The Marriage (Same Sex Couples) Bill was introduced into the House of Commons on 24 January 2013. Broadly, the Bill aimed to amend pre-existing legislation so as to legislate for the points outlined in the Government’s consultation response.

It received Royal Assent on 17 July 2013. The Act’s marriage provisions extended to England and Wales. The first ceremonies took place in England and Wales on 29 March 2014. In Scotland the Marriage and Civil Partnership (Scotland) Bill introduced the same provisions and was passed in February 2014.

Legislation to prohibit conversion practices

The Government’s July 2018 LGBT Action Plan committed to “bringing forward proposals to end the practice of conversion therapy in the UK.” So-called conversion therapy is a type of practice that attempts to ‘cure’ an individual of being LGBT+.

On 29 October 2021 the Government published a consultation on banning conversion therapy. The consultation document stated:

The government will ban conversion therapy. There is no justification for these coercive and abhorrent practices and the evidence is clear that it does not work: it does not change a person from being LGBT and can cause long lasting damage to those who go through it.


It is the Government’s intention to deliver a ban as quickly as possible and we will be preparing a draft Bill for Spring 2022.

The consultation ran until 4 February 2022. A draft bill has not yet been published.

In a statement to the House of Commons on 17 January 2023, Michelle Donelan, then Secretary of State for Digital, Culture, Media and Sport, confirmed that the Government would introduce legislation to “ban conversion practices”. These proposals would be set out in a draft bill. The draft bill would seek to “protect everyone, including those targeted on the basis of their sexuality, or being transgender.” According to the Secretary of State, the draft bill would be published and undergo pre-legislative scrutiny by joint committee before the end of the parliamentary session:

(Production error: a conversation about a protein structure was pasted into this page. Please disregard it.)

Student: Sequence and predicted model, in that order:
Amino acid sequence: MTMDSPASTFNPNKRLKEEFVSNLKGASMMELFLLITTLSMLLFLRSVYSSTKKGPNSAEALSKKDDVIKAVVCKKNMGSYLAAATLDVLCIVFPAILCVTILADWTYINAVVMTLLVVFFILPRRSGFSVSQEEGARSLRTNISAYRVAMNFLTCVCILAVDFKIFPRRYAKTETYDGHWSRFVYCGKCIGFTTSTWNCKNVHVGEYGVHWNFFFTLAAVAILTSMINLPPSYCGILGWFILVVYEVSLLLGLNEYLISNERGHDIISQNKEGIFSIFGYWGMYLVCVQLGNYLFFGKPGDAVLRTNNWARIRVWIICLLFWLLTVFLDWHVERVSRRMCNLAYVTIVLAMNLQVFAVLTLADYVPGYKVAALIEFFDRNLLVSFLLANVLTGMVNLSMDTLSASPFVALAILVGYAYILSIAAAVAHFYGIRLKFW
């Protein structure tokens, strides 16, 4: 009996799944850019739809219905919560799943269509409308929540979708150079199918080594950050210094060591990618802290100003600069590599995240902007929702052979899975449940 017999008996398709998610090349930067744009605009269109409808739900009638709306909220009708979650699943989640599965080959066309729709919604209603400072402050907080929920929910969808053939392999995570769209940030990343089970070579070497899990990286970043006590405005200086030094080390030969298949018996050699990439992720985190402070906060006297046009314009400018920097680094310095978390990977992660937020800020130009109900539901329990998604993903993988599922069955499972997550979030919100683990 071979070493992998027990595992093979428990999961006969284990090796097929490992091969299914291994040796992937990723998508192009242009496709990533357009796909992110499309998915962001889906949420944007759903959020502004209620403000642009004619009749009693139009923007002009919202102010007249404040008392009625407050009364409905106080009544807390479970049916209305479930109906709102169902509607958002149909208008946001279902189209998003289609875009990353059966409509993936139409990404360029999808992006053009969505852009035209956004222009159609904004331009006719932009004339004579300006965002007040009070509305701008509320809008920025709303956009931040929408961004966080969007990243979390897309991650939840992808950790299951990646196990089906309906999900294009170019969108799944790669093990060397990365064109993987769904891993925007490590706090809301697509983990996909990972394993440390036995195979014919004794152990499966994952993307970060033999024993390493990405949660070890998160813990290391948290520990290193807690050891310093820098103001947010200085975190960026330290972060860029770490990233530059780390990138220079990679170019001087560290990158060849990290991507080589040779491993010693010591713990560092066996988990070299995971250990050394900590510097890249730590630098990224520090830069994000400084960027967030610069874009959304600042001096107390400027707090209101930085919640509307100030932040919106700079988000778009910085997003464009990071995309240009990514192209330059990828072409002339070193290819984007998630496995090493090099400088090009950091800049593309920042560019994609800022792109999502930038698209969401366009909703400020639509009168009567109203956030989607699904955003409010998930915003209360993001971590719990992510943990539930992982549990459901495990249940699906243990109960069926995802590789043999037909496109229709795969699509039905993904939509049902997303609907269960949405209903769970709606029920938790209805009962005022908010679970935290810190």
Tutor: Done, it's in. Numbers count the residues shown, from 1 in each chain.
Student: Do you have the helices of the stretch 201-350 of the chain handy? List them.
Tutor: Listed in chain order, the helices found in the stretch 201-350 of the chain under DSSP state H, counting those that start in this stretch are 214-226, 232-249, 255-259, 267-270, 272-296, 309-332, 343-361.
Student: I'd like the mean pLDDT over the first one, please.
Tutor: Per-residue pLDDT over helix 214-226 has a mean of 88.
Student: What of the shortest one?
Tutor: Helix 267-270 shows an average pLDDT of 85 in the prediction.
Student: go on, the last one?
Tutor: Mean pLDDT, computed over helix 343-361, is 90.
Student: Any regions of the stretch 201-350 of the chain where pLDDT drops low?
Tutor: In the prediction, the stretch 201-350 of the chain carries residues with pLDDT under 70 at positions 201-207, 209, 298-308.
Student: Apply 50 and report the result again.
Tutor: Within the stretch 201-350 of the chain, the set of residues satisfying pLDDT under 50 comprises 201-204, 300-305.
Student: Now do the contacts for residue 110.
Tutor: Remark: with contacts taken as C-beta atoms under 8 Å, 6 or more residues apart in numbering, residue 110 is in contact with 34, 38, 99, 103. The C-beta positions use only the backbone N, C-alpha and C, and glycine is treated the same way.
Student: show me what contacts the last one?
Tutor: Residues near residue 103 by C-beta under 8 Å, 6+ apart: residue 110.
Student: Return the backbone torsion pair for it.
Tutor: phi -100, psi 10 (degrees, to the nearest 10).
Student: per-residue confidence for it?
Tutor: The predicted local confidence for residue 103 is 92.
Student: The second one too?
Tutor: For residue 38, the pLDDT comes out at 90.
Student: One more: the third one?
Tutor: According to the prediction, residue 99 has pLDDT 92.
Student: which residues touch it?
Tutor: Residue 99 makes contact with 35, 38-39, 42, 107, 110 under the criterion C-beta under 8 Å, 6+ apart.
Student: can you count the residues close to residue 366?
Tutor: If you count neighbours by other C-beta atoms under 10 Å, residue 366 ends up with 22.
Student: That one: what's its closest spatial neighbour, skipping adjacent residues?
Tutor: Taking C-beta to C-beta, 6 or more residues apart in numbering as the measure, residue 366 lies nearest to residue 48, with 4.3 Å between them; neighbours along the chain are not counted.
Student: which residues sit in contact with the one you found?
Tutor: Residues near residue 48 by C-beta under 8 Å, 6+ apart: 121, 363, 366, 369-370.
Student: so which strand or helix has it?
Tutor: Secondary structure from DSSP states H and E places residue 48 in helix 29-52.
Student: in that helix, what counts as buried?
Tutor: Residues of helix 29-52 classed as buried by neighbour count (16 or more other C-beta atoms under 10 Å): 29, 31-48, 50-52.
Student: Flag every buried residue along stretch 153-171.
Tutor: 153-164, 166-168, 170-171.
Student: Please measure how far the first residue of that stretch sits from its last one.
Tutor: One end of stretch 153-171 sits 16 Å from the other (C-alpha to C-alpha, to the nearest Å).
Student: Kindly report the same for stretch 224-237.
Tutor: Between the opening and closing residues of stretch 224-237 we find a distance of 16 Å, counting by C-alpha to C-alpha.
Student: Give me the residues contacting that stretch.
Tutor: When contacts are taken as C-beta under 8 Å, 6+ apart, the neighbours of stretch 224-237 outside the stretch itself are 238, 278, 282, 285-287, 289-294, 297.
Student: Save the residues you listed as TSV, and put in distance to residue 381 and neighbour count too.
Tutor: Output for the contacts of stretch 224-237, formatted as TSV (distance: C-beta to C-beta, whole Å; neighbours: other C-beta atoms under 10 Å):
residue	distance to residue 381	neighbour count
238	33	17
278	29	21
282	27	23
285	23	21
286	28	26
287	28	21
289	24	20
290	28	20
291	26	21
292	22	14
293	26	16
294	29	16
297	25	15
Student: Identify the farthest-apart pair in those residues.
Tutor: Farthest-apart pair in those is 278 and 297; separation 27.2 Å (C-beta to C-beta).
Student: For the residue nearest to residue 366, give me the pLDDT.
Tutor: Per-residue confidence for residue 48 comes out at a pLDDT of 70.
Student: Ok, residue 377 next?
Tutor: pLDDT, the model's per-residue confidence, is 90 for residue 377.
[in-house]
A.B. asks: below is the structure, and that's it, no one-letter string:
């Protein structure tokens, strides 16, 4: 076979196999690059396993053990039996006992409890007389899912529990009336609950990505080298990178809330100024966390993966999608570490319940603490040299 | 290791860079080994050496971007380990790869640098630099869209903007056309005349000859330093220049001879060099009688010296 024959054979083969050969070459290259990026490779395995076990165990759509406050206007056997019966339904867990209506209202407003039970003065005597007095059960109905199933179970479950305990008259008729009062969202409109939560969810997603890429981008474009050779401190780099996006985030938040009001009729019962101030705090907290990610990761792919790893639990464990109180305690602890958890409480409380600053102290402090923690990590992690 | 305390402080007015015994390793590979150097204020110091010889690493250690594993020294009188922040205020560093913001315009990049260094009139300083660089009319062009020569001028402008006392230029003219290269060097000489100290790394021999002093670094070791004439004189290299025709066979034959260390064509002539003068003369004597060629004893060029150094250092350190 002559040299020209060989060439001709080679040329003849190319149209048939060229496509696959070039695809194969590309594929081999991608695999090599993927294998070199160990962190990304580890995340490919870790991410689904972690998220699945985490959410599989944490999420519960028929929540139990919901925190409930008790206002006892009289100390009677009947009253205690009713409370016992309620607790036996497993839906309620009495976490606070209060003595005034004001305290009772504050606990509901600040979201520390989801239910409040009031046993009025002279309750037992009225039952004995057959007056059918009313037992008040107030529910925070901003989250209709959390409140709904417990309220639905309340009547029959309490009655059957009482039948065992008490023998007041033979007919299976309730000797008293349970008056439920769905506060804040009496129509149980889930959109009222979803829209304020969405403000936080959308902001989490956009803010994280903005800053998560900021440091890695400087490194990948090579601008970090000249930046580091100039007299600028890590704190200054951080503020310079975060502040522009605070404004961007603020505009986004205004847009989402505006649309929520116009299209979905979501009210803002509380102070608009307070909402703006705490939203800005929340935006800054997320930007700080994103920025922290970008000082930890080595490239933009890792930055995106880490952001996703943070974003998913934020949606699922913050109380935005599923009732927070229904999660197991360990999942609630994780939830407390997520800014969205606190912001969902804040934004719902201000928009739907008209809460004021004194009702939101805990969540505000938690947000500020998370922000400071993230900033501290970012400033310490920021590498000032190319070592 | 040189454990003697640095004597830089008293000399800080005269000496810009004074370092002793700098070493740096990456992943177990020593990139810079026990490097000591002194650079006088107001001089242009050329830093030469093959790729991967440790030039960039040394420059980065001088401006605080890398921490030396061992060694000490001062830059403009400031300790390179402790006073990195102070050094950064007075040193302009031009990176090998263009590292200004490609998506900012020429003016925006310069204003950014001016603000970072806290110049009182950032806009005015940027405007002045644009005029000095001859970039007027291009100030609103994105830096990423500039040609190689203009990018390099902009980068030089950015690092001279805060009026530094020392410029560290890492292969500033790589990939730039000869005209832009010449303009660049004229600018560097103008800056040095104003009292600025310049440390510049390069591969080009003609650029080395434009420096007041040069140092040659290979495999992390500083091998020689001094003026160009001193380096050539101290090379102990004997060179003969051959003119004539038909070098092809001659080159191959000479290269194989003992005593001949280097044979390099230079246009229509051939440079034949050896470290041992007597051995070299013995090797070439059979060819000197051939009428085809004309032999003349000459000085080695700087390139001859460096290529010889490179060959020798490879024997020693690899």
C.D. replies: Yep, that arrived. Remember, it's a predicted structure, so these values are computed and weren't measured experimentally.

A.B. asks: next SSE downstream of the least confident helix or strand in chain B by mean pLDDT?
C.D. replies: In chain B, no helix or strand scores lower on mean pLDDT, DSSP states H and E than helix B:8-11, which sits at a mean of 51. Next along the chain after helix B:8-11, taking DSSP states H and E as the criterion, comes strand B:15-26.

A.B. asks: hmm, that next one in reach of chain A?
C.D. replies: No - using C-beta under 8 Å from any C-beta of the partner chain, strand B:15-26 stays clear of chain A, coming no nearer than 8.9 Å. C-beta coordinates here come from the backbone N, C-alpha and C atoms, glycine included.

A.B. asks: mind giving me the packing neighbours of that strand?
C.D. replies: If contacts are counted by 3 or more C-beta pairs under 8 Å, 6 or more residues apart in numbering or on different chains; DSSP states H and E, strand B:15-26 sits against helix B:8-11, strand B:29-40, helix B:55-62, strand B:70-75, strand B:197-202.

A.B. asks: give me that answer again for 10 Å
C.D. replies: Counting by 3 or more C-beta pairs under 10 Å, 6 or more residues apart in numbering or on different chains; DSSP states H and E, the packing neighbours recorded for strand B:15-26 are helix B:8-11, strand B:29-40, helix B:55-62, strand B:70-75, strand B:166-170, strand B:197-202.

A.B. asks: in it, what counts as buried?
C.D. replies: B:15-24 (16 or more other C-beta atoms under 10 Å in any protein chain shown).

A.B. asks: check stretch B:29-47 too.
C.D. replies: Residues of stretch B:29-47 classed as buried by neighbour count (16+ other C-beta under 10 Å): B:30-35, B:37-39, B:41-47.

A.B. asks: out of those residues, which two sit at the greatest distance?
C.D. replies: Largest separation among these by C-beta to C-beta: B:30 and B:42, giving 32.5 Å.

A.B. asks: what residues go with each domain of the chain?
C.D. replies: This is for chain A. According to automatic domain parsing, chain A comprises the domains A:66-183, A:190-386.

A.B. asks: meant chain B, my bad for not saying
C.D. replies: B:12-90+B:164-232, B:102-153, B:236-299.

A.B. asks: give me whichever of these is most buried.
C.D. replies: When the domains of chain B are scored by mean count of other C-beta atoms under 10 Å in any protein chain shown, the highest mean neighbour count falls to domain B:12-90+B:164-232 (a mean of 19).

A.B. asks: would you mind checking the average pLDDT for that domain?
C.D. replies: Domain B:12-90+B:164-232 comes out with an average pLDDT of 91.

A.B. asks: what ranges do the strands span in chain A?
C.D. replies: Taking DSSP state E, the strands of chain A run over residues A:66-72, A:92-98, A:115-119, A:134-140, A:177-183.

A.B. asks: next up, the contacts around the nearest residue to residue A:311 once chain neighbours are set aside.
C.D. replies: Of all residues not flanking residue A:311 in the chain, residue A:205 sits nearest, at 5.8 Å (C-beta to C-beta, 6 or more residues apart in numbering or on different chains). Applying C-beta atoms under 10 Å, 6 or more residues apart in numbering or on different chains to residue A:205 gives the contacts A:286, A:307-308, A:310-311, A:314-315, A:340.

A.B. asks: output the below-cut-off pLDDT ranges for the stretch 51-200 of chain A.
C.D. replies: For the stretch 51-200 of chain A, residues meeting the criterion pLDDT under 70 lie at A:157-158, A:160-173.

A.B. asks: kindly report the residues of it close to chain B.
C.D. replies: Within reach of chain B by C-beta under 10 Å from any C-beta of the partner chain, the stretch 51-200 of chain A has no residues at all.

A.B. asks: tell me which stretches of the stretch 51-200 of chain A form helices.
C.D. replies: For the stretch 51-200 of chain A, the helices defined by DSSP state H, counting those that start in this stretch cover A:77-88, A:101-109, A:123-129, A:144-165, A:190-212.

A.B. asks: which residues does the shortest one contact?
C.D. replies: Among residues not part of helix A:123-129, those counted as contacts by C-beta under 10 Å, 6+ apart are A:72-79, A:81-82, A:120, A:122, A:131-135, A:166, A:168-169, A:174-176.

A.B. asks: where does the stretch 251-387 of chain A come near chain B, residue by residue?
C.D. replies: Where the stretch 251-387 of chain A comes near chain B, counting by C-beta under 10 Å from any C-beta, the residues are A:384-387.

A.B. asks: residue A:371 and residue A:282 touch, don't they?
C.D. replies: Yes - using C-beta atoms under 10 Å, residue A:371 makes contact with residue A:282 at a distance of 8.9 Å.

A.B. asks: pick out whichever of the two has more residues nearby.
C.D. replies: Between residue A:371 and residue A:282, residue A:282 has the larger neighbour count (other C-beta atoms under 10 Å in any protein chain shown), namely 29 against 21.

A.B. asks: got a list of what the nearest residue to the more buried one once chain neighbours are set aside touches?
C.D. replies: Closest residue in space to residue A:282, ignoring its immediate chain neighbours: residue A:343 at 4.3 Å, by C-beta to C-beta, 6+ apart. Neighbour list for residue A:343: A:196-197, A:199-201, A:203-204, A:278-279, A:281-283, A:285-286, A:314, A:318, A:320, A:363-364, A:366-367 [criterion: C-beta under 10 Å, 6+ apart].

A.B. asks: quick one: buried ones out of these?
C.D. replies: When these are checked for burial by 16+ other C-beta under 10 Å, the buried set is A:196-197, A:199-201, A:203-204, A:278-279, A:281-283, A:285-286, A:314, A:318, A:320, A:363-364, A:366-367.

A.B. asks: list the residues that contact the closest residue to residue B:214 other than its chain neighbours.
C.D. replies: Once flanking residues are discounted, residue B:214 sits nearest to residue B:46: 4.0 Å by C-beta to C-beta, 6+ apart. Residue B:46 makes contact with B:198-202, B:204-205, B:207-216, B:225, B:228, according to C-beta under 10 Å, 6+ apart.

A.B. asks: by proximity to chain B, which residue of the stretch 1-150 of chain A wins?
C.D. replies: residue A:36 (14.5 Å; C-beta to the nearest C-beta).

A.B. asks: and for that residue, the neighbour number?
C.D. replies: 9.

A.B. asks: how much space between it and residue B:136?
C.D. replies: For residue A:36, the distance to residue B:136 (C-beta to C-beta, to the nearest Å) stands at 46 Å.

This is a complex area, and pre-legislative scrutiny exists to help ensure that any Bill introduced to parliament does not cause unintended consequences. It will also ensure that the Bill benefits from stakeholder expertise and input from parliamentarians.

In response to a PQ on 6 March 2023, the Government confirmed this timeline. On 5 May 2023, the Government again indicated that it planned for a bill to “complete pre-legislative scrutiny in the current parliamentary session”.

A draft bill was not introduced in the last session of Parliament, which ended on 26 October 2023, and did not feature in the King’s Speech 2023, which outlines the Government’s legislative agenda for the parliamentary session ahead.

In a recent parliamentary question on the issue, the Minister for Equalities stated that the Government “are carefully considering this very complex issue” and that it would set out “further details on this in due course.” In response to an oral question from Ben Bradshaw MP on 16 November 2023, the Leader of the House, Penny Mordaunt MP, said:

The Secretary of State is still looking at the policy on this, and she is very aware that the House will want her decision brought forward. I know that she is taking great care to ensure that we can protect people who might be vulnerable to these kinds of barbaric practices.

Related posts